Front Matter The Beginning of the U.S Franklin's Return Troubles After the War The Constitution The First President Washington's Troubles A Wonderful Invention Death of Washington The U.S. Buys Land War With African Pirates Death of Somers The First Steamboat The Gerrymander The War of 1812 "Don't Give Up the Ship" The Star-Spangled Banner Clinton's "Big Ditch" More Land Bought Jackson Stories Jackson's Presidency New Inventions Whitman's Ride The Mormons The First Telegraph The Mexican War The Slavery Quarrel Daniel Webster's Youth Webster's Speeches Early Times in California Discovery of El Dorado Rush to California The Underground Railroad The First World's Fair John Brown's Raid Lincoln's Youth The First Shot The Call to Arms The President's Decision Admiral Farragut The Monitor and Merrimac The Penninsular Campaign Barbara Frietchie Lincoln's Vow The Battle of Gettysburg The Taking of Vicksburg Riots, Raids, and Battles The Burning of Atlanta The March to the Sea Sheridan's Ride The Doings of the Fleet Lee's Surrender Decoration Day Lincoln Stories Lincoln's Rebukes A President's Son A Noble Southerner Hard Times in the South The Atlantic Cable Best Way to Settle Quarrels Our One Hundredth Birthday Gold for Greenbacks A Clever Engineer Death of Garfield The Celebration at Yorktown The Great Statue A Terrible Flood Lynch Law The Great White City The Explosion of the Maine The Battle of Manila Hobson's Brave Deed Surrender of Santiago The Hawaiian Islands The Annexation of Hawaii The Philippine War Assassination of McKinley The Panama Canal Roosevelt's Administration Two Presidents German Views The World War Since the World War

Story of the Great Republic - Helene Guerber

Washington's Troubles

The Continental soldiers who received land in the Northwest Territory had from the first quarreled with the Indians. As the latter had sworn that no white man should ever plant corn on the Ohio, settlers were obliged to float down the river in well-armed boats, and till the ground with their guns always within reach.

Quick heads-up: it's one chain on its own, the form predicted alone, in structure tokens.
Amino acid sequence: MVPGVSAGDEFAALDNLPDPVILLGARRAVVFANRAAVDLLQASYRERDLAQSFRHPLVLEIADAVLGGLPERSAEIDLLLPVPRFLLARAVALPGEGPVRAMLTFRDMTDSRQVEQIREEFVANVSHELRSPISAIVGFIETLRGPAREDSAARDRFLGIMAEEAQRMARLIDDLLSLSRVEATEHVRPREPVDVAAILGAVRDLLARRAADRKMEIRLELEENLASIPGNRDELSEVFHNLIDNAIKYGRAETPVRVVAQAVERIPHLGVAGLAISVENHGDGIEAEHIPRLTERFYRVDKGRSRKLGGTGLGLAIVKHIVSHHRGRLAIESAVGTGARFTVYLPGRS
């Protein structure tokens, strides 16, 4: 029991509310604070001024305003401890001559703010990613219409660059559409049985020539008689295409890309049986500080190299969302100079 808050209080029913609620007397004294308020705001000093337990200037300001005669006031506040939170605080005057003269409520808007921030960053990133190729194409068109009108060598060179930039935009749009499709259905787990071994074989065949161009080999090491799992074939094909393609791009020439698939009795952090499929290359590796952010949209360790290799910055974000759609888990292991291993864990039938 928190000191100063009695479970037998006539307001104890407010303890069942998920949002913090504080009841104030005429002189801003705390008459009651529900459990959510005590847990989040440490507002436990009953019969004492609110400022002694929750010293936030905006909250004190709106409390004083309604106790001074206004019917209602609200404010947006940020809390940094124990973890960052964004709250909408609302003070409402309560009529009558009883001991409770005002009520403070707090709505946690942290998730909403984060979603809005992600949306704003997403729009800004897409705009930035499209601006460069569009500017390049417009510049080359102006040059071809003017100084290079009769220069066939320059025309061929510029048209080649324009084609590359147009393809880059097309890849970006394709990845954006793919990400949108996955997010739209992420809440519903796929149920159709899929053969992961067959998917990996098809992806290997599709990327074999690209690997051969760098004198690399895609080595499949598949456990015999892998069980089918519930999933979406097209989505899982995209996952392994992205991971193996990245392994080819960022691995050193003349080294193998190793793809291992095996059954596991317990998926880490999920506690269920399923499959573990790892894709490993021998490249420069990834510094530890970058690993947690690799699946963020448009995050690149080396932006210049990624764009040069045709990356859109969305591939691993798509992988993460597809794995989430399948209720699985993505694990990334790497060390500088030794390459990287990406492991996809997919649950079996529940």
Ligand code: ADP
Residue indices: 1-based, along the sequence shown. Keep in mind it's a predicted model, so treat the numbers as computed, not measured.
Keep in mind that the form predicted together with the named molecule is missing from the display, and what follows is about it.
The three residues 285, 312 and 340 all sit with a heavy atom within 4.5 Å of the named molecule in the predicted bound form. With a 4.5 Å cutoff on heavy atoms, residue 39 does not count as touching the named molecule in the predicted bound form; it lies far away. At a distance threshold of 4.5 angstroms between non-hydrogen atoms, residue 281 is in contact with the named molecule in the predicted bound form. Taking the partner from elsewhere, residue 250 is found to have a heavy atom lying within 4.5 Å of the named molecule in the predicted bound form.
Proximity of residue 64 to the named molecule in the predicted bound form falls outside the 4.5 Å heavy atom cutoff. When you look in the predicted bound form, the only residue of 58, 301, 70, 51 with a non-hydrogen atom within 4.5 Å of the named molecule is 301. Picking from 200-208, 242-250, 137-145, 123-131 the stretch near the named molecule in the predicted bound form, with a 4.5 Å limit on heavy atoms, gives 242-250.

But, in spite of these drawbacks, the land was rapidly becoming cultivated. Hoping to check the white men, or drive them away, the Indians now began to murder them, stealing upon them when they least expected such unwelcome visits. When Washington heard of this, he sent General St. Clair with an army to attack them. Although warned to be wary with such foes, St. Clair proved over confident, and his little army was surprised and slaughtered. The news of this disaster was a great blow to Washington, but he quickly took measures to punish the Indians, and sent General Anthony Wayne into the Northwest Territory to take St. Clair's place.

St. Clair's Defeat


The Indians found "Mad Anthony" so alert that they soon declared he never slept. But although their principal chief advised them not to risk a battle, they insisted upon doing so. They were defeated on the Maumee (1794), and were pursued many miles. Then their fields and houses (for these Indians owned real houses) were laid waste and burned, to teach them never to attack the settlers again.

This done, Wayne made the Indian chiefs sign a treaty, whereby they gave up much of the land north of the Ohio, and when they had obeyed, he frightened them by solemnly warning them that if they ever broke it he would rise up out of his, grave to fight them. Although Indian troubles were really most severe in the North, they were very bad, too, in the South, and it has been said that no less than fifteen hundred men, women, and children were murdered in Kentucky alone, during this period.

As if Indian raids were not enough to trouble the country, a rebellion soon arose in western Pennsylvania, because the people did not want to pay the tax laid upon whisky. They said they could not sell their grain, and that they had to make whisky out of it or lose it. When told they must obey the government, they grew so defiant that troops had to be sent out against them. Indeed, it was only when forced to do so that they laid down their arms, and the Whisky Rebellion came to an end (1794).